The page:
By Alastair Horne
French Prime Minister Manuel Valls made a passionate case for copyright, culture, and cooperation in a speech to mark the launch of Francfort en français, a year-long cycle of events to celebrate France’s status as Guest of Honor at next year’s fair.
Valls spoke with Peter Feldmann, Mayor of Frankfurt; Anne Tallineau of the Institut Français; and program chair Paul de Sinety.
He likened the friendship between France and Germany to a “wonderful book,” insisting that the best pages were yet to be written.
He also stressed the vital importance of copyright to the creative economy. Without copyright, Valls said, writers don’t get paid and so culture declines. We must be vigilant, he insisted, and win the fight for copyright to ensure that writers and artists can live from their work.
As the son of a painter and the husband of a musician—and with an Italian mother and a Spanish-speaking father—Valls is well placed to make the case for the importance of culture and international cooperation. Dictatorships and ideologies always fight culture first, he said, but as long as we have men and women writing books, we have a road to progress along. Frankfurt itself, as a capital of Europe, shows that nations that once fought each other can now work together in support of a common project.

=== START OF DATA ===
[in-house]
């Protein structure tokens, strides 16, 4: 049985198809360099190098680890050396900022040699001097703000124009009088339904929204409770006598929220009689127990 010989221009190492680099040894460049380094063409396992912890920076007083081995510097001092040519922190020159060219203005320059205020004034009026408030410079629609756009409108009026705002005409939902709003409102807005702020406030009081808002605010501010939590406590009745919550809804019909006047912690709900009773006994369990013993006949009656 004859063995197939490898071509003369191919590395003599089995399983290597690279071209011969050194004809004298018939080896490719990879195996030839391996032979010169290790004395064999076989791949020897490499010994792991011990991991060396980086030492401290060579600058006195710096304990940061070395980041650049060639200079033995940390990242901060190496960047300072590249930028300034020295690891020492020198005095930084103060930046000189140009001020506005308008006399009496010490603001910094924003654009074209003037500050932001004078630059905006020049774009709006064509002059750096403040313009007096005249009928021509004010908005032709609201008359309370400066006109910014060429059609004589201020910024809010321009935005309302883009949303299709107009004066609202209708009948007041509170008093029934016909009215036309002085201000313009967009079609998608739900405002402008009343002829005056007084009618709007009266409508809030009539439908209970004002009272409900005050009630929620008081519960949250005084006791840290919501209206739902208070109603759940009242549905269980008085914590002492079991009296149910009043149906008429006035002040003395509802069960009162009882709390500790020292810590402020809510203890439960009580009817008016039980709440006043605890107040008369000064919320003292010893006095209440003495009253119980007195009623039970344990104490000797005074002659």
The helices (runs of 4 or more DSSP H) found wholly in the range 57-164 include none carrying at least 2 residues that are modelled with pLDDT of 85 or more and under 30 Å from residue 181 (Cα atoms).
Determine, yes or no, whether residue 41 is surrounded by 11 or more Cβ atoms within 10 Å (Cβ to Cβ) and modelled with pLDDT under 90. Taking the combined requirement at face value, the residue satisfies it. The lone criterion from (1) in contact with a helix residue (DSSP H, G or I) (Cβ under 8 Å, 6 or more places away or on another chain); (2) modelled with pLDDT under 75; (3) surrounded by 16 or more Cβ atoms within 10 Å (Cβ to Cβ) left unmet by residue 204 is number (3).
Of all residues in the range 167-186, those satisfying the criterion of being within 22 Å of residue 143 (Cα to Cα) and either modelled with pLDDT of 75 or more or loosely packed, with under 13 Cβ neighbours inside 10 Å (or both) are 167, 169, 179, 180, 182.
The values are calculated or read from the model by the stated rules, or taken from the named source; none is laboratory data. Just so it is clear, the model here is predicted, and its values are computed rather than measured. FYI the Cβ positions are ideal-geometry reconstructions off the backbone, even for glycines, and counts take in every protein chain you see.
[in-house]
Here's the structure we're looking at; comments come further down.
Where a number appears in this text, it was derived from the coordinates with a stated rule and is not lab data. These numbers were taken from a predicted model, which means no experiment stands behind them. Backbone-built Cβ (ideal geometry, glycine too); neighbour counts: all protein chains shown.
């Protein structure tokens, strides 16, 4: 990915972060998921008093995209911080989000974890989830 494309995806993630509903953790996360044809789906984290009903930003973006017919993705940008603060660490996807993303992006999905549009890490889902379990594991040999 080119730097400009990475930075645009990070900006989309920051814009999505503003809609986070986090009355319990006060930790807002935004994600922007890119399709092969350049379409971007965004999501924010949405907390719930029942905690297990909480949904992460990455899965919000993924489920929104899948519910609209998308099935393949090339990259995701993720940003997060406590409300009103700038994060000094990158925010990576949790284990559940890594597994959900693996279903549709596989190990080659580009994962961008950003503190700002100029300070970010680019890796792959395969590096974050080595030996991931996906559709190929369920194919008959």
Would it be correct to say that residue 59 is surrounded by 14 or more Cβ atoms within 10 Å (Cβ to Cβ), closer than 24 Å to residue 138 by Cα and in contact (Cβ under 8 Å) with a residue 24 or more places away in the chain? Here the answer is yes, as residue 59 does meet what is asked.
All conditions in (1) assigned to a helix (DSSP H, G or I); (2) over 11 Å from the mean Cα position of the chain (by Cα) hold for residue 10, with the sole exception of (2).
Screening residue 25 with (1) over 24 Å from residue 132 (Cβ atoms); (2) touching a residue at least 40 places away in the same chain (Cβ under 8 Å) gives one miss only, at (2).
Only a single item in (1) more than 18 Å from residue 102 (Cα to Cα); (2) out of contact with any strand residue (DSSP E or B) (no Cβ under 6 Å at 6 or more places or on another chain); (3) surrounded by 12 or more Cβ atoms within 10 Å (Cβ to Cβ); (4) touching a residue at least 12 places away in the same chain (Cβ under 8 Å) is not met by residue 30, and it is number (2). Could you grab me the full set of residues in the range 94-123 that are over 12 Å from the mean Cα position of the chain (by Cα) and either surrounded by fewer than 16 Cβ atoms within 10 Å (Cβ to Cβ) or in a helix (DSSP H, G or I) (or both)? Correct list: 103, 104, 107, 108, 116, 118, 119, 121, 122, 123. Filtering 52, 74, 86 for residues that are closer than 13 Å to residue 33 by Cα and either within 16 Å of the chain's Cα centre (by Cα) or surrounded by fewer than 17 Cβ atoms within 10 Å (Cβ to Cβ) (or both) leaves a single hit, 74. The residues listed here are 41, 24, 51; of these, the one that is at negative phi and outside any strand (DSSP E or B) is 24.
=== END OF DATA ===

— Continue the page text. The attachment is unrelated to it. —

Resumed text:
Valls was keen to share a diverse and inclusive vision for “Frankfurt in French,” noting the presence of Franco-German institutes in Africa, the growing significance of France’s new digital start-ups, and the importance of partnerships with Switzerland and Belgium.
The language of Europe, Valls said, is translation.
A busy year of cultural activity will see more than 300 events take place over the course of 2017 under the ‘Frankfurt in French’ umbrella, organized by the Institut Français in Germany.
More than 240 French authors will visit the country, with 70 at the fair itself. There will be debates, street performances, and concerts. Teams of French and German authors will play football against each other. A tour of bicycling writers will tie in with the start of next year’s Tour de France in Dusseldorf.